The Acquired Brain Injury Programs and Services staff at Coastline Community College in Costa Mesa, California, has been helping survivors of traumatic brain injury live fuller, more independent lives for a number of years. I first learned about their innovative work while working on a case study several years ago. Here’s a quote from that article:

The Pocket PC has been a transformative tool in my life. It has strengthened my ability to be independent, efficient, and productive. It has given me hope and a concrete vehicle with which to create a new, fulfilling, and fruitful future for myself.”

— ABI Program Graduate, Coastline Community College

Information about the Acquired Brain Injury Programs and Services at Coastline Community College is available here: http://www.coastline.edu/departments/specialprograms/page.cfm?LinkID=990

What other uses of mobile technology do you find inspiring?

© Tony Leininger and IT for Good 2012. See sidebar for full copyright notice.

New Developments in Patient-Centered Technology

The most widely used example of patient-centered technology presently in use is helping researchers gain insight into adoption facilitators and barriers that could supply guidance for the next-generation of personal health records systems.

Understanding how first-time users interact with their personal health records will enable us to design and implement future-generation systems that will serve the needs of patients and those with whom they wish to share health information, including doctors and other trusted parties. Ultimately it will help us, as physicians, provide better care for our patients.”

— David A. Haggstrom, M.D., assistant professor of medicine, Indiana University School of Medicine

Dig into the details at http://www.eurekalert.org/pub_releases/2012-01/iuso-mph010512.php

© Tony Leininger and IT for Good 2012. See sidebar for full copyright notice.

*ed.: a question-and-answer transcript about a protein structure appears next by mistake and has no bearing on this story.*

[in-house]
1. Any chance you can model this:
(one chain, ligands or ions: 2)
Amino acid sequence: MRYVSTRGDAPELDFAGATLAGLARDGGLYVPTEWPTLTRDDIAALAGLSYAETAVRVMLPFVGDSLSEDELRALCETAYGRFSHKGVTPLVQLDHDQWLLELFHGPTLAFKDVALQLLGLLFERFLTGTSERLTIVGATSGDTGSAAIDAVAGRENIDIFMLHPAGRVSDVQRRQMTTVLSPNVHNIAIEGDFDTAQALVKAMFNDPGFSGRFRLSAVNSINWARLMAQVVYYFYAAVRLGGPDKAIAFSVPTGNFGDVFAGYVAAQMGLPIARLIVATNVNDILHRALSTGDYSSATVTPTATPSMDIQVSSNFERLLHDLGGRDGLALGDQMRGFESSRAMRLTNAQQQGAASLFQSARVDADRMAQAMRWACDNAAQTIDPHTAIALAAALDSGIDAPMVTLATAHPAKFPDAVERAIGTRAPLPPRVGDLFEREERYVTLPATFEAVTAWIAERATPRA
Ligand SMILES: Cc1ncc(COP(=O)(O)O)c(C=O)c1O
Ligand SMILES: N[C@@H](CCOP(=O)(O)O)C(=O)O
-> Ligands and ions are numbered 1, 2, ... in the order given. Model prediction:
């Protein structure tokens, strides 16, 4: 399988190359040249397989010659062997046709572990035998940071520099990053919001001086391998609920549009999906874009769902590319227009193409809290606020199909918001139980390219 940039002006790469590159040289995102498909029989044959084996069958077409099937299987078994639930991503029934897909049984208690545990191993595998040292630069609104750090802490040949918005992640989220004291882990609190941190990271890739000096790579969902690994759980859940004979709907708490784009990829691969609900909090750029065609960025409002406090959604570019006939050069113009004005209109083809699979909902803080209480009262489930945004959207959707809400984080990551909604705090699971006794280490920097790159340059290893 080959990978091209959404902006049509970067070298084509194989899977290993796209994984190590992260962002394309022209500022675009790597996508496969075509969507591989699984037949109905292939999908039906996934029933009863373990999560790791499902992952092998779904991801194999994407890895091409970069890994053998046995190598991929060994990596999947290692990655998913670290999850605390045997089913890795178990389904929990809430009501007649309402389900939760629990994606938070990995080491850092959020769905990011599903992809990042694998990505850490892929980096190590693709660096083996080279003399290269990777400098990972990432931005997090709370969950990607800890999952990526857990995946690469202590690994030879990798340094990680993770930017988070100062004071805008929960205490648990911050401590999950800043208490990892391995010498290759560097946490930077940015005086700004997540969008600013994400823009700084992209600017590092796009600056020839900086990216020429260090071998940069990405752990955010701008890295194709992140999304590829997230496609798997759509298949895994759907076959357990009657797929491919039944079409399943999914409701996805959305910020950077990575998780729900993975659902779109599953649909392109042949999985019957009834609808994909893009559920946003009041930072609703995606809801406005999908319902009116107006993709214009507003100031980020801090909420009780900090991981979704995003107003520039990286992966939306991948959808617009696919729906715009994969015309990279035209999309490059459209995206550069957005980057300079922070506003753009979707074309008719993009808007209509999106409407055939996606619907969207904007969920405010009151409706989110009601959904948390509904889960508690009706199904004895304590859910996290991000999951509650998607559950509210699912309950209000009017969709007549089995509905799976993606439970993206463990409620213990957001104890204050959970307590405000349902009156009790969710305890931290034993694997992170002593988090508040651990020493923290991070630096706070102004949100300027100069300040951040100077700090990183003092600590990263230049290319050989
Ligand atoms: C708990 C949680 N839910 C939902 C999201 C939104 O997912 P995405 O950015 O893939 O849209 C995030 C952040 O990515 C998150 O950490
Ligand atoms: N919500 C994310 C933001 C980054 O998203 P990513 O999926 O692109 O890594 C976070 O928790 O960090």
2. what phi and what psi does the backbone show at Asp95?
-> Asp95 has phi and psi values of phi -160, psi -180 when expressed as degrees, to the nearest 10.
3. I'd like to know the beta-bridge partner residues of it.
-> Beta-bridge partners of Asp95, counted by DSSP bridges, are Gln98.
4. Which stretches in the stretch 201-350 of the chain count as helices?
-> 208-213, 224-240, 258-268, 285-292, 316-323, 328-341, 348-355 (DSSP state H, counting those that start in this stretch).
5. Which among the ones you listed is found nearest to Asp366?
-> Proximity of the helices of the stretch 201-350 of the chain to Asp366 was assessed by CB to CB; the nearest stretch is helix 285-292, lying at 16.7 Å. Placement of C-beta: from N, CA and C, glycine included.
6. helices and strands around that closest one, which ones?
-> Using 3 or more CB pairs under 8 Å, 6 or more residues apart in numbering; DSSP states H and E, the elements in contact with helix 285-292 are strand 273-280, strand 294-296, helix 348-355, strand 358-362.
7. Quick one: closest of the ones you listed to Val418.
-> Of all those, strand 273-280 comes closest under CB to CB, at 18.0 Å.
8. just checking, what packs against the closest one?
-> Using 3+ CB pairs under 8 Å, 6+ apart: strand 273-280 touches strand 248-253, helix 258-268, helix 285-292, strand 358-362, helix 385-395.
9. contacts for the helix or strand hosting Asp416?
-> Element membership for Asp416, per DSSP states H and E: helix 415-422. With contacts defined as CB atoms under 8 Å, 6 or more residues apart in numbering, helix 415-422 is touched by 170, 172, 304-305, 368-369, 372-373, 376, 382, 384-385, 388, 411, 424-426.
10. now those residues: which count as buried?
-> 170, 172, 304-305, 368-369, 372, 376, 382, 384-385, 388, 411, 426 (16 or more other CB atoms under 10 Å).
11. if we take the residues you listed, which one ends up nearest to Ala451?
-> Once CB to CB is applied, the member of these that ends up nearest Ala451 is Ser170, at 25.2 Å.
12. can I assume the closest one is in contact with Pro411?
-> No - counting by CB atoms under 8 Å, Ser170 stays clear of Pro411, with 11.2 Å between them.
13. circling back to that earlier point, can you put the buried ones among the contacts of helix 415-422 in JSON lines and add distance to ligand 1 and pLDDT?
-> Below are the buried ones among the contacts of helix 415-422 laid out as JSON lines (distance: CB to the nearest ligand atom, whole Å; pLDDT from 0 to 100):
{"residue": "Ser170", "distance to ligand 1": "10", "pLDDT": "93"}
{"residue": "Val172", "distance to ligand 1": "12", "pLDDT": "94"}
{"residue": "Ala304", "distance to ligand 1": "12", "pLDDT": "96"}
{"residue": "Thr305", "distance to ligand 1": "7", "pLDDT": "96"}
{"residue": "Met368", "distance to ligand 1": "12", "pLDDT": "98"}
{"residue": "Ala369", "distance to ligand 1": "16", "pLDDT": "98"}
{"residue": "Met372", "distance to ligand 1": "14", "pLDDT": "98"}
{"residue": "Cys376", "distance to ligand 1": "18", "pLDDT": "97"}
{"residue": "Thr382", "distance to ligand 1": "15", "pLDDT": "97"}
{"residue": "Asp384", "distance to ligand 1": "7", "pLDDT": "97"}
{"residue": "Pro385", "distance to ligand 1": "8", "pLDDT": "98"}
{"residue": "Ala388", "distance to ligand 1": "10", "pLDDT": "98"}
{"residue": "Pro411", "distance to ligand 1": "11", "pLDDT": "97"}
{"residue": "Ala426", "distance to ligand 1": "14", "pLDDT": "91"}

Noteworthy Health-Related Apps of 2011

From an iPhone app that can assist with psychological and social research to the ability to use a smart phone as a medical monitor, the year 2011 saw a number of remarkable uses for apps in the world of healthcare.

Below, collected from the pages of Science Daily, are highlights of some of the year’s most intriguing experiments captured in the words of those involved:

We were pleasantly surprised at our ability to detect subtle findings on the CT scan, which are often very critical in patient management, using this software.”

— Dr. Mayank Goyal, Faculty of Medicine, University of Calgary. [Goyal is director of research in the department of radiology and one of the neuro-radiologists who analyzed the data in a study that shows that doctors can make a stroke diagnosis using an iPhone application with the same accuracy as a diagnosis at a medical computer workstation.]


Brain Jog is unique among similar apps in that it has come to fruition after extensive research and collaboration with the target audience to find out exactly what appeals to them.”

— Donal O’Brien, a PhD student at Queen’s University, Belfast. [O’Brien is leading research into discovering the true effectiveness of brain training exercises with the release of an app aimed at those over 50.]


Using the iPhone or iPad to conduct scientific research is a revolutionary new concept. It could change the way that human social and psychological research is conducted because it allows us to access vast numbers of individuals from a range of demographics relatively inexpensively.”

— Professor Kathy Rastle, Department of Psychology, Royal Holloway, University of London. [Rastle is the UK member of the international team of researchers that is working on conducting psychological and social research using smart phone technologies.]


Currently, doctors observe tremor during office visits and rate it on a subjective scale of zero to four. That approach seemed outdated to me, considering all the technology now available. My wife Heather, who’s an engineer, remarked that maybe that we could try putting some accelerometers on my arm. That made me think of the accelerometer in the iPhone — and here we are.”

— Robert Delano, Georgia Tech Research Institute research scientist. [Delano is a member of the team that has developed a novel iPhone application that may enable persons with certain neurological conditions to use smart phones to collect data on hand and arm tremors and relay the results to medical personnel.]

What other research into healthcare-related apps or innovative uses of smart phone technology are you aware of?

© Tony Leininger and IT for Good 2012. See sidebar for full copyright notice.